American Association of Clinical Endocrinologists Medical Guidelines for Clinical Practice for the Diagnosis and Treatment of Menopause

AACE Menopause Guidelines Revision Task Force


Endocr Pract. 2006;12(3):315-337. 

In This Article

Review of the WHI

In the discussion in this section, reference will be made to the WHI study[13] (LOE 1), a planned 8.5-year randomized controlled primary prevention trial that enrolled postmenopausal women who were 50 to 79 years old. It involved the following study groups:

  1. The E+P arm consisting of 16,608 women with an intact uterus, who received a daily tablet of conjugated equine estrogen (CEE) (0.625 mg) with MPA (2.5 mg) (N = 8,506) or placebo (N = 8,102)

  2. The estrogen-only arm consisting of 10,379 women who had undergone hysterectomy, who received CEE (0.625 mg) or placebo alone

The primary outcome was CAD (nonfatal MI and CAD-related death), and the primary anticipated adverse outcome was invasive breast cancer. The E+P arm of the WHI trial was terminated near the end of the 5th year because of an apparent increase in the risk of breast cancer and an apparent adverse global index. The factors included in the global index, in addition to an increased risk of breast cancer, were CAD, stroke, and pulmonary embolism. An analysis by the WHI writing group of the complete 5-year period revealed that the increase in breast cancer was not statistically significant and the apparent increase in the cardiovascular hazard risk in year 5 had occurred because of a transient decline in the rates of CAD events in the placebo group, rather than an increase in the estrogen-progestin group.[14] An unequivocal increased risk of VTE was noted in the treated group, which confirms the findings in previous studies of early post-menopausal HT use.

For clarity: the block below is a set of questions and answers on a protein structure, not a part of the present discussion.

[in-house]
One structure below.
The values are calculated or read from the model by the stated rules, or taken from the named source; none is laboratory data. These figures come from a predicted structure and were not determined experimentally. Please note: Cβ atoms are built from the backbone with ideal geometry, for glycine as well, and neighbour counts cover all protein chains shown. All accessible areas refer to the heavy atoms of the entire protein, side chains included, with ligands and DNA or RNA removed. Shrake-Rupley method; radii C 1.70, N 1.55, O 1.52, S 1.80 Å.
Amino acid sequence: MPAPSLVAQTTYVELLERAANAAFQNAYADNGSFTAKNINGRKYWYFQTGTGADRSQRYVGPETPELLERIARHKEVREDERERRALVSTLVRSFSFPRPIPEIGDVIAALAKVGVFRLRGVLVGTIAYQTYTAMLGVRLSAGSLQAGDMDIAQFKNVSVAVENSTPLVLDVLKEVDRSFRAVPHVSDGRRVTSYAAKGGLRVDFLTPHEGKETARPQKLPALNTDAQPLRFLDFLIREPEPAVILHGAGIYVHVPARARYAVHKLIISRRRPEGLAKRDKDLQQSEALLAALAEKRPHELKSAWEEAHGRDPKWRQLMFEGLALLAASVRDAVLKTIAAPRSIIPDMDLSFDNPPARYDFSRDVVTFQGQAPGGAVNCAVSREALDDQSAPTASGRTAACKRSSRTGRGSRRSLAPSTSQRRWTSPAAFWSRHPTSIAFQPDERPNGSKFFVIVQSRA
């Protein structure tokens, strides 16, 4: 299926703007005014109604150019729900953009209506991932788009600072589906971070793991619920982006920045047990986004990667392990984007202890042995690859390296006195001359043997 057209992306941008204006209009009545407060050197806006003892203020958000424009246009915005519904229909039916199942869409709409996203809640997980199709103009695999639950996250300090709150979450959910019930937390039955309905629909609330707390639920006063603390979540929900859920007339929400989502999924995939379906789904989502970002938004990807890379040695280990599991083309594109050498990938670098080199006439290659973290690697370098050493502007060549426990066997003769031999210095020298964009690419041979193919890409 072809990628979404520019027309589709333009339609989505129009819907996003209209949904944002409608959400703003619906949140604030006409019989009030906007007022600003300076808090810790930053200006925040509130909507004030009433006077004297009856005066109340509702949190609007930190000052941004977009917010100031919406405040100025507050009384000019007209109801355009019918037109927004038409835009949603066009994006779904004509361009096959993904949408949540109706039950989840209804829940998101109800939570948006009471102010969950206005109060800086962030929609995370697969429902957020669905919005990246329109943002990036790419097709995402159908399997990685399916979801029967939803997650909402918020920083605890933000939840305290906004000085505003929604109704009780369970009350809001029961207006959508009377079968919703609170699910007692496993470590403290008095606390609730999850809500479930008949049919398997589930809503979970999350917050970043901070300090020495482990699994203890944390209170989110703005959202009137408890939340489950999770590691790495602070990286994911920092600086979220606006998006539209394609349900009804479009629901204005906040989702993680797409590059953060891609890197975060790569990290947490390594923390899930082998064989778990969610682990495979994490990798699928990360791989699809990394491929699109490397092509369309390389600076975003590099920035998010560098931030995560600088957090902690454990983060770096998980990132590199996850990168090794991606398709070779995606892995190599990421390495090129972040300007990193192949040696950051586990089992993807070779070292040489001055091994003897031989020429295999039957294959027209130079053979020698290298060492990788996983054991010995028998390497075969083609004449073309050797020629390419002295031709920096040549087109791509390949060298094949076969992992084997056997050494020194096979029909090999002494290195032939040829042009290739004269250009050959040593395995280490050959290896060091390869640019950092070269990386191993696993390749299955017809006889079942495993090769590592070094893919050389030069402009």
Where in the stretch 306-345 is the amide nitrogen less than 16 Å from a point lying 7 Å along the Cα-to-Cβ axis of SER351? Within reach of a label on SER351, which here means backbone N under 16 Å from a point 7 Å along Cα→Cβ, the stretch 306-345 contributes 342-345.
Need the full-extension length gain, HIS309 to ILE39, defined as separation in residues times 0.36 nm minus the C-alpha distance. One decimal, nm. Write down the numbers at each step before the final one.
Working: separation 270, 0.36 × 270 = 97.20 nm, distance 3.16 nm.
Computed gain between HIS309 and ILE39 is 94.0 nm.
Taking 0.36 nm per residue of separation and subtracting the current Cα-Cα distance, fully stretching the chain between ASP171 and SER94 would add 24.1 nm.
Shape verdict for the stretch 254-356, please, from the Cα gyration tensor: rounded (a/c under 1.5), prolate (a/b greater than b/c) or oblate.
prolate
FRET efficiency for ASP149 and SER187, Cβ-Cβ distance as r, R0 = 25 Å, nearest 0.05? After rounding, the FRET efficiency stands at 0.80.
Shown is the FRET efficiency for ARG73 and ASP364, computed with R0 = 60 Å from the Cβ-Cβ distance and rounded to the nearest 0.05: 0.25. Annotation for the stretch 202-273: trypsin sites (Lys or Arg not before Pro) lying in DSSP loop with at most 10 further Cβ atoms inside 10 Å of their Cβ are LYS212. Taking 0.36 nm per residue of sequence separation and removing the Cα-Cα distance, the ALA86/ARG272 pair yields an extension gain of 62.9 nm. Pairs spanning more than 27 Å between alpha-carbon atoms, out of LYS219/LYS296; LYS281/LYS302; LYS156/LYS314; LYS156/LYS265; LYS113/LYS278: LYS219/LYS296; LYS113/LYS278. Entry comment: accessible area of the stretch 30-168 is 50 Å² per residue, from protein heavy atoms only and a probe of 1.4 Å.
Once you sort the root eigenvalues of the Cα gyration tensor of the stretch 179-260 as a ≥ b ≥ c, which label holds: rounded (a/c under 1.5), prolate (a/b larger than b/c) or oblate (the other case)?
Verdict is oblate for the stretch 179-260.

With respect to insights in the management of the menopause and associated symptoms, the major criticism of the results of the WHI trial is the age of the population of postmenopausal women who participated in the study. The mean age at enrollment in the WHI study was 63.3 years. These women were more than a decade older than the age at which most women begin HT. Only 10% of study participants were 50 to 54 years old, and only 16% of the women were less than 5 years after the onset of menopause. Of women randomly assigned in the WHI study, 36% had hypertension, 49% were current or past smokers, and 34% had a body mass index >30 kg/m2. Therefore, the demographics of the WHI population were older postmenopausal women who had significantly increased risk factors for cardiovascular disease. In addition, these women did not have severe postmenopausal symptoms.

The results of the WHI study cannot be generalized to a population of women in early menopause because the WHI was designed to evaluate HT in an older population of aging postmenopausal women.


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